Garvary Road, E16

Road is in an area which may have existed since the nineteenth century or before. Most of the urban landscape is interwar

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MAPPING YEAR:1750180018301860190019302019Fullscreen map
Road · Silvertown · E16 · Contributed by The Underground Map

Garvary Road is a road in the E16 postcode area

The 1750 Rocque map is bounded by Sudbury (NW), Snaresbrook (NE), Eltham (SE) and Hampton Court (SW).
Outside these bounds, the 1750 map does not display.

The 1800 mapping is bounded by Stanmore (NW), Woodford (NE), Bromley (SE) and Hampton Court (SW).
Outside these bounds, the 1800 map does not display.

The 1830 mapping is bounded by West Hampstead (NW), Hackney (NE), Greenwich (SE) and Chelsea (SW).
Outside these bounds, the 1830 map does not display.

The 1860 mapping is bounded by Brent Cross (NW), Stratford (NE), Greenwich (SE) and Hammermith (SW).
Outside these bounds, the 1860 map does not display.

The 1900 mapping covers all of the London area.



Despite its argentine name, Silvertown is where Mr Tate and Mr Lyle (who never got on) have a sugar factory.

In 1852 S.W. Silver and Co moved to the area from Greenwich and established a rubber works, originally to make waterproof clothing. This subsequently developed into the works of the India Rubber, Gutta Percha and Telegraph Cable Company, which constructed and laid many submarine cables. By the 1860s a number of manure and chemical works and petroleum storage depots had been set up.

Sugar refiners in the area were joined in by Henry Tate in 1877 and Abram Lyle in 1881, whose companies merged in 1921 to form Tate & Lyle. Prior to the merger, which occurred after they had died, the two men were bitter business rivals, although they had never met in person. Tate & Lyle still have two large refineries in the area.

On 19 January 1917 parts of Silvertown were devastated by a massive TNT explosion at the Brunner-Mond munitions factory, in what is known as the Silvertown explosion. Seventy-three people died and hundreds were injured in one of the largest explosions ever experienced in the British Isles.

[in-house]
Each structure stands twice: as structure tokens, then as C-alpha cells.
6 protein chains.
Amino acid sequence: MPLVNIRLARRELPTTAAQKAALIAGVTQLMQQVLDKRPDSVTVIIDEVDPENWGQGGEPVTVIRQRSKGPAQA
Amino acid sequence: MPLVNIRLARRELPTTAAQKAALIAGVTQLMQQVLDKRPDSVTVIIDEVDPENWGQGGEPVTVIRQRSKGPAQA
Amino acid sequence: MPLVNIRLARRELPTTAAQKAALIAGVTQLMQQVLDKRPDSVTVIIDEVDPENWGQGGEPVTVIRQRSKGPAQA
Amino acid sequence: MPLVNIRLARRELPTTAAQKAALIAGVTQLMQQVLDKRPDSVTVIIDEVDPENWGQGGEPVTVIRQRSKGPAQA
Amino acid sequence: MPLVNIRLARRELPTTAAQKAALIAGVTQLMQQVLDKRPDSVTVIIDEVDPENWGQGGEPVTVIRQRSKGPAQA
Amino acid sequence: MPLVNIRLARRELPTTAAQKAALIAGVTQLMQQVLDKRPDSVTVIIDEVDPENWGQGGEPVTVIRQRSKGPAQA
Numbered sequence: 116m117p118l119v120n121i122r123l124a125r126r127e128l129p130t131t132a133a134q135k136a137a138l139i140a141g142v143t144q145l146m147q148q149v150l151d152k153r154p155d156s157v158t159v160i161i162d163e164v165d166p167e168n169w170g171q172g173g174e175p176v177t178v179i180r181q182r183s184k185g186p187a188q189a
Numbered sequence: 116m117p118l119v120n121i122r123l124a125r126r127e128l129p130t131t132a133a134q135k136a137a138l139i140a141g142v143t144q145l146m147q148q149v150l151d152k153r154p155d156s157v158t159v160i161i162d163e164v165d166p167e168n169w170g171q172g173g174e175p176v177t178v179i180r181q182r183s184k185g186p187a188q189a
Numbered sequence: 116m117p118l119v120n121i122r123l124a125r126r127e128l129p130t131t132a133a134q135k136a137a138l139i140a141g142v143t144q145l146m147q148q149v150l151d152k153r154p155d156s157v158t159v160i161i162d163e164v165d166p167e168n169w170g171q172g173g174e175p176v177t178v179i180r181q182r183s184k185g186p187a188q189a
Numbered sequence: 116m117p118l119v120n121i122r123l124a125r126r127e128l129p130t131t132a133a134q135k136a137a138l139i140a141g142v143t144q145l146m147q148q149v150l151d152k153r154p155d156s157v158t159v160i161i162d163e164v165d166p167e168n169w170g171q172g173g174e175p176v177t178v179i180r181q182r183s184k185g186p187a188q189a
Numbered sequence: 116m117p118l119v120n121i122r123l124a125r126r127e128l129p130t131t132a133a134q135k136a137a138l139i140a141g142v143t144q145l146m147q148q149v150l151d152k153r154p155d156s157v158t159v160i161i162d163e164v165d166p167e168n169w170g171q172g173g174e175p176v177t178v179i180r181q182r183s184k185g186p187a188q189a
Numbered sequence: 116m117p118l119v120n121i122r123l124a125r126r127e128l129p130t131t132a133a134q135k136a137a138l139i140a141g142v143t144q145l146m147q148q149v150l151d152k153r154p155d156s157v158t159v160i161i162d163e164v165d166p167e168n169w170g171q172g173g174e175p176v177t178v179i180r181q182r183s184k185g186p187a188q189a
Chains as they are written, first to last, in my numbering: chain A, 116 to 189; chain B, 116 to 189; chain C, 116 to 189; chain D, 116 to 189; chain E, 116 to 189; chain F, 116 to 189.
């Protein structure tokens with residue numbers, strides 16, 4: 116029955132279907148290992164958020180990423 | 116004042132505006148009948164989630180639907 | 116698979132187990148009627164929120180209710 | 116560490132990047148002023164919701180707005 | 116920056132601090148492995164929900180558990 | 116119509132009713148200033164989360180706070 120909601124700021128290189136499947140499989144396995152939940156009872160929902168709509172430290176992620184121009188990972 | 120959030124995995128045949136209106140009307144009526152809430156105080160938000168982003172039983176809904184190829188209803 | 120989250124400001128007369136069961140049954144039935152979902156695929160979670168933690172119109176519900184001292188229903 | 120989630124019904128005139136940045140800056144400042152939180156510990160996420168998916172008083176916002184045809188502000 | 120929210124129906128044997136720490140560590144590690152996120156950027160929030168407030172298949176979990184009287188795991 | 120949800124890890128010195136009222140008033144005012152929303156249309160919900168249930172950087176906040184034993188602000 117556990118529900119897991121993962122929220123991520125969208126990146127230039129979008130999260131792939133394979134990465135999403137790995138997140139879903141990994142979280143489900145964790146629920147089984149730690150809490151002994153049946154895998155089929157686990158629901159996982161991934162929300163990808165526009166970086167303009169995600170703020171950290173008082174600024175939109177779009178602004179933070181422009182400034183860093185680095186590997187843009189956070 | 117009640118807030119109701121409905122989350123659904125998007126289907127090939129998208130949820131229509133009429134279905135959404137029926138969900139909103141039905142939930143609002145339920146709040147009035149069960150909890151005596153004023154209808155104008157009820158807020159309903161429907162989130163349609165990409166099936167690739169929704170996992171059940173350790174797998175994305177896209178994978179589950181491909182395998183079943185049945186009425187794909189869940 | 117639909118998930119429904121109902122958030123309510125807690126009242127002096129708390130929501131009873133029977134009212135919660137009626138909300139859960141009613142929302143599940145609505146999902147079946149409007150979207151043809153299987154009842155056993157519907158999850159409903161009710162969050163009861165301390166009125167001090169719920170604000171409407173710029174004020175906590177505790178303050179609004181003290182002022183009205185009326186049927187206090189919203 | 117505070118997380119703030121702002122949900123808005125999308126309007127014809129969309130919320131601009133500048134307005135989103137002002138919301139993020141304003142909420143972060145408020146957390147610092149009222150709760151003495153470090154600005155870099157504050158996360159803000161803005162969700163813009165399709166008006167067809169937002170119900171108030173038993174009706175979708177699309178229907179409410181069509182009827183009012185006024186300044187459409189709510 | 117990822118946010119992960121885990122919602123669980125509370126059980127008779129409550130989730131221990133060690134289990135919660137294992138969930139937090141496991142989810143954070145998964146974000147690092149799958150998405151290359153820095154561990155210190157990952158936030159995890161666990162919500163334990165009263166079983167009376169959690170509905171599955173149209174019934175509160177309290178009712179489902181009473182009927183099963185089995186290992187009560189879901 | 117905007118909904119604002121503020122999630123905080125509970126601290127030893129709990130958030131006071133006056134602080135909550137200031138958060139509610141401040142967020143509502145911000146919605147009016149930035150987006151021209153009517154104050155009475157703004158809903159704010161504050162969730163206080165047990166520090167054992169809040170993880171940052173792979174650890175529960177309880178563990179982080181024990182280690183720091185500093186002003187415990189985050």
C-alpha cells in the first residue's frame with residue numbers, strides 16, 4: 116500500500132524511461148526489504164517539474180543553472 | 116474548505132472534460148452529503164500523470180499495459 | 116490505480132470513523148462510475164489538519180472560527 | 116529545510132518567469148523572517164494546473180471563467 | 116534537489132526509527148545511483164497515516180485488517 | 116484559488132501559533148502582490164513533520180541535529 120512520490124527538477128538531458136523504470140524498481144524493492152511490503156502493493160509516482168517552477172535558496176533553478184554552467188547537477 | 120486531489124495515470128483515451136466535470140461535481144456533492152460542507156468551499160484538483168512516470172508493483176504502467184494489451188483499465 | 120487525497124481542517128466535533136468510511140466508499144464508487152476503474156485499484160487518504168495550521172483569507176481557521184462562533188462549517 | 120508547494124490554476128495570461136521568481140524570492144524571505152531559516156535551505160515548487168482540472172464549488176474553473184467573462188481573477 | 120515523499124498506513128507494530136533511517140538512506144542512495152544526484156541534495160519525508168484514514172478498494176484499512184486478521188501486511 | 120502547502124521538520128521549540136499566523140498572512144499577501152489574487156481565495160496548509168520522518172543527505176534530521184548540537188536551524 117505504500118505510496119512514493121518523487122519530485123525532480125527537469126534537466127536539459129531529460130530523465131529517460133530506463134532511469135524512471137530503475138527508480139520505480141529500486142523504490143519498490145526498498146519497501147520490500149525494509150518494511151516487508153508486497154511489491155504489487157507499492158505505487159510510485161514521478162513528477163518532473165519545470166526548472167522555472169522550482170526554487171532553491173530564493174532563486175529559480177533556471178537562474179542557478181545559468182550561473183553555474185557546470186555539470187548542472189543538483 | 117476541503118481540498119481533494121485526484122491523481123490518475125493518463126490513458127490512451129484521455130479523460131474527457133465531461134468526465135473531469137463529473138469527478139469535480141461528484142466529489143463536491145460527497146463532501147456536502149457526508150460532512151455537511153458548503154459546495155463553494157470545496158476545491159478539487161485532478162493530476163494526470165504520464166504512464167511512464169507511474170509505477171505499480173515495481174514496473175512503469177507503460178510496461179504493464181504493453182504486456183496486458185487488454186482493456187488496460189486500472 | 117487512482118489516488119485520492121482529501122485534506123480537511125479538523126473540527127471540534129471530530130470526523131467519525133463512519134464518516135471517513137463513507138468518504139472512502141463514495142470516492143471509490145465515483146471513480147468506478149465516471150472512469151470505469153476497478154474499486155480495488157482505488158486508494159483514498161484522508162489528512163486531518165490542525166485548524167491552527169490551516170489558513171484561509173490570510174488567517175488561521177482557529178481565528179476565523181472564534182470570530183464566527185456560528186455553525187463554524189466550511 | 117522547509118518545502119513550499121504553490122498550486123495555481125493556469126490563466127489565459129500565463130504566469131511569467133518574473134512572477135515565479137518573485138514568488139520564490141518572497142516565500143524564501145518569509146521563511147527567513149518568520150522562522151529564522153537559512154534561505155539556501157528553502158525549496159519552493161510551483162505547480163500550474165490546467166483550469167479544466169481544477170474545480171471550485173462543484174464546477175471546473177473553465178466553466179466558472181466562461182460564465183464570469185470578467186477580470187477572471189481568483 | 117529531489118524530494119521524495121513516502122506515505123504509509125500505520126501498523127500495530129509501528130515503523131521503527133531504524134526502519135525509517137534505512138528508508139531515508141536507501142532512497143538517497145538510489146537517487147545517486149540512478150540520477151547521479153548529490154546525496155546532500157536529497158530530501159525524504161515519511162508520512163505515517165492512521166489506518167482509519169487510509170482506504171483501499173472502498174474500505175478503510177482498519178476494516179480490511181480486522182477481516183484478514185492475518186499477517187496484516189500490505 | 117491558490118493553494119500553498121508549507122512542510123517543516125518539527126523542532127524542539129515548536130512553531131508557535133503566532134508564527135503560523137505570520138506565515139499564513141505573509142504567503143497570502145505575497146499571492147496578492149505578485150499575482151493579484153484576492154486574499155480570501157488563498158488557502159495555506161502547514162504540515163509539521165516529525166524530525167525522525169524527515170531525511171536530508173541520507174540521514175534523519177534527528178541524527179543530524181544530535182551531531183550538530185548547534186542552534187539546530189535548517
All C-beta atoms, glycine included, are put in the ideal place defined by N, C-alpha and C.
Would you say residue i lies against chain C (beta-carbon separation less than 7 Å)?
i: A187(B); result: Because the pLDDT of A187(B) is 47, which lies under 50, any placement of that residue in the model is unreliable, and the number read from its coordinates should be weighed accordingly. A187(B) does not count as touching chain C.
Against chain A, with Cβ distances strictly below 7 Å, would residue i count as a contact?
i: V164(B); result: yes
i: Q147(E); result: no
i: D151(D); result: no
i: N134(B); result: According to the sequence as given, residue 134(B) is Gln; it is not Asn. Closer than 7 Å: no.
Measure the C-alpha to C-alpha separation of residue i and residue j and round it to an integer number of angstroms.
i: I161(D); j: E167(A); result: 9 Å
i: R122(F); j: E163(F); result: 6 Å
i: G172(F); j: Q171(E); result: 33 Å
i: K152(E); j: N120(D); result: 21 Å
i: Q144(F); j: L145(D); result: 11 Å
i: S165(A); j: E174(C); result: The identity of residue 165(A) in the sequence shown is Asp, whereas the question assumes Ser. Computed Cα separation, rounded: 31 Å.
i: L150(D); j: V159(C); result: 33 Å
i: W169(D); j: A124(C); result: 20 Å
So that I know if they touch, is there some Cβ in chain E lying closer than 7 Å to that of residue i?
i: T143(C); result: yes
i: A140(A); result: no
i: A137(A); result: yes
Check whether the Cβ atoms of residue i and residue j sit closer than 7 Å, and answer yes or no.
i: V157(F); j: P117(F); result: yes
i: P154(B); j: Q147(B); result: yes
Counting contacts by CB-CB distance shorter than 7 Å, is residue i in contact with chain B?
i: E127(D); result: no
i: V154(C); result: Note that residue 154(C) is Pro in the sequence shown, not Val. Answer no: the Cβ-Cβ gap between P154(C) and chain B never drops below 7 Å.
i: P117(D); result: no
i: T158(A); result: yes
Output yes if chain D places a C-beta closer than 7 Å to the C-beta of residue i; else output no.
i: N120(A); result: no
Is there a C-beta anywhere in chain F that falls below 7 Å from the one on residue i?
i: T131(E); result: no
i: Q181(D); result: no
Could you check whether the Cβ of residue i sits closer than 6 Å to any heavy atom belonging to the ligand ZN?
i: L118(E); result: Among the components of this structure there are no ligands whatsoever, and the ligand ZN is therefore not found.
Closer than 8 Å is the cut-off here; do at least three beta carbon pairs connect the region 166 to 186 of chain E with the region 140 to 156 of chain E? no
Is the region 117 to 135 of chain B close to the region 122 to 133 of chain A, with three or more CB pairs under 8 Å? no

In the early twentieth century the area suffered greatly from road congestion due to being located between the Thames and the Royal Docks, then the largest and one of the busiest dock groups in the world. The area was cut off for much of the time by lifting bridges over dock entrances, and by level crossings which were closed for up to three quarters of each hour by train movements. This led in the early 1930s to the construction of the elevated Silvertown Way, one of the earliest urban flyovers.

On the first night of The Blitz, Tate and Lyle's sugar refinery, John Knight's Primrose Soapworks, and the Silvertown Rubber Works were all badly damaged by bombing.

Silver's was eventually taken over by the British Tyre and Rubber Co, later known as BTR Industries. The site closed in the 1960s and is now the Thameside Industrial Estate.[7]
Another major local employer was the Loders and Nucoline plant at Cairn Mills, a traditional port oleo industry and formerly part of Unilever. This originally milled seeds but later concentrated on production of fats from palm kernel oil.
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